An exuberant work of popular history: why something as seemingly mundane as an address can save lives, or serve the powerful. Starting with a simple question, ‘what do street addresses do?’, Deirdre Mask travels the world and back in time to work out how we describe where we live and what that says about us. From the chronological numbers of Tokyo to the naming of Bobby Sands Street in Iran, she explores how our address – or lack of one – expresses our politics, culture and technology. It affects our health and wealth, and it can even affect the working of our brains. From Ancient Rome to Kolkata today, from cholera epidemics to tax hungry monarchs, Mask discovers the different ways street names are created, celebrated, and in some cases, banned. Filled with fascinating people and histories, this incisive, entertaining book shows how addresses are about identity, class and race. But most of all they are about power: the power to name, to hide, to decide who counts, who doesn’t, and why.
Social history | HC | $34.99
An Impeccable Spy: Richard Sorge, Stalin’s Master Agent
Born of a German father and a Russian mother, Richard Sorge moved in a world of shifting alliances and infinite possibility. In the years leading up to and during the Second World War, he became a fanatical communist – and the Soviet Union’s most formidable spy. Combining charm with ruthless manipulation, he infiltrated and influenced the highest echelons of German, Chinese and Japanese society. His intelligence proved pivotal to the Soviet counter-offensive in the Battle of Moscow, which in turn determined the outcome of the war itself. Drawing on a wealth of declassified Soviet archives, this is a major biography of one of the greatest spies who ever lived.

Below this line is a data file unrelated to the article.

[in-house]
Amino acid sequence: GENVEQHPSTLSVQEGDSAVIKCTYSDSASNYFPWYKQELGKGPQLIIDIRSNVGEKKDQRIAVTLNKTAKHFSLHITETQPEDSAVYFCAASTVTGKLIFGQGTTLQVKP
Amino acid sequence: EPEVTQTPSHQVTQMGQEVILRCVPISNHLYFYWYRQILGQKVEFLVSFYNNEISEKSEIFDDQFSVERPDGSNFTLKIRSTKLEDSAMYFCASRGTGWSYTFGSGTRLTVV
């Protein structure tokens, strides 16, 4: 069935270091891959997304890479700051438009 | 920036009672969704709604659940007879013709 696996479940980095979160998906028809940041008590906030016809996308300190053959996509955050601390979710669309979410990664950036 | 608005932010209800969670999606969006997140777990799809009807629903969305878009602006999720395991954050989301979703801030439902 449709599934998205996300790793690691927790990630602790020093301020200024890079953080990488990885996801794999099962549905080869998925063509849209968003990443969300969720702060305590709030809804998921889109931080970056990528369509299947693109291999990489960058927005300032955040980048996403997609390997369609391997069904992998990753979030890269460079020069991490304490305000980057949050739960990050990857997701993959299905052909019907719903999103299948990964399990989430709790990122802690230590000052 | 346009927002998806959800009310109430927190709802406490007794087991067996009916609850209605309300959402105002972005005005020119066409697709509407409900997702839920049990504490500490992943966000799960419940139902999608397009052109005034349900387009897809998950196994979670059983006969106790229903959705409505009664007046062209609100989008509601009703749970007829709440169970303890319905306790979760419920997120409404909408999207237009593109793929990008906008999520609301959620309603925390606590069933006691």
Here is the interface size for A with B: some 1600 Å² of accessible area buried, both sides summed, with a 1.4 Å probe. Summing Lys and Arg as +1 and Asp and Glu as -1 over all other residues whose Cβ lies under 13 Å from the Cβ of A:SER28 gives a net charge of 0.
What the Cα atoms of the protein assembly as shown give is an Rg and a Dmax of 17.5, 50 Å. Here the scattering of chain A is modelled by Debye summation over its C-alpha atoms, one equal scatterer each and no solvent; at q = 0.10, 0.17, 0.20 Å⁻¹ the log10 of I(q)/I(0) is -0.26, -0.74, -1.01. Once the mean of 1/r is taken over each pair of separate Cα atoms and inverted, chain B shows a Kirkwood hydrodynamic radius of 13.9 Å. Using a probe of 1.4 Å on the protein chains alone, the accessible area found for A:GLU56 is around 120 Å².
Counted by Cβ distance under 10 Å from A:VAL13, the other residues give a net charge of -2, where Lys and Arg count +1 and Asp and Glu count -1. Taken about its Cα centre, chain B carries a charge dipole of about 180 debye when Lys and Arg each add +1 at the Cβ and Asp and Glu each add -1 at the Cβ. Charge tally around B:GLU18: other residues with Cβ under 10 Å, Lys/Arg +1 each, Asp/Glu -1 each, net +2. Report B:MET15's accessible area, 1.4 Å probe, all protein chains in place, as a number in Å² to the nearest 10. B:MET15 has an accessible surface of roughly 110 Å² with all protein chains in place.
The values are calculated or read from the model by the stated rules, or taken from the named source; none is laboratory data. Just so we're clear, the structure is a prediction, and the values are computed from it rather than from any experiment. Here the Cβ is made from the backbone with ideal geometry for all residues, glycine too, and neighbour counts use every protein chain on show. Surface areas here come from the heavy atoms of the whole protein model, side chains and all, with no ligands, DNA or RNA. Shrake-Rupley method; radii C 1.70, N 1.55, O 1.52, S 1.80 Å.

Espionage history | PBK | $22.99
The Better Half: On the Genetic Superiority of Women
An award-winning scientist-doctor makes the game-changing case that genetic females are stronger than males at every stage of life. Here are some facts: Women live longer than men. Women have stronger immune systems. They are less likely to suffer from learning and developmental disabilities, and are better at fighting cancer and surviving famine. Women are simply stronger than men at every stage of life, though we are taught the opposite. But why? This question haunted Dr Sharon Moalem throughout his career – when he was treating premature babies in the neonatal intensive care unit; when he was recruiting the elderly for neurogenetic studies; when he was tending to HIV-positive orphans in Thailand. He couldn’t understand why men were consistently less likely to thrive. And then it all clicked into place: two X chromosomes offer a survival advantage. With clear, captivating prose that weaves together eye-opening research, case studies, and diverse examples – from the behaviour of honeybees to the fate of the Donner party – and experiences from his personal life and his own patients, The Better Half explains why genetic females triumph over males when it comes to resiliency, intellect, stamina, immunity and much more. It also calls for a reconsideration of our male-centric, one-size-fits-all view of medical studies and even how we prescribe medications – a view that still sees women through the lens of men. Revolutionary and utterly convincing, The Better Half will make you see humanity and the survival of our species anew.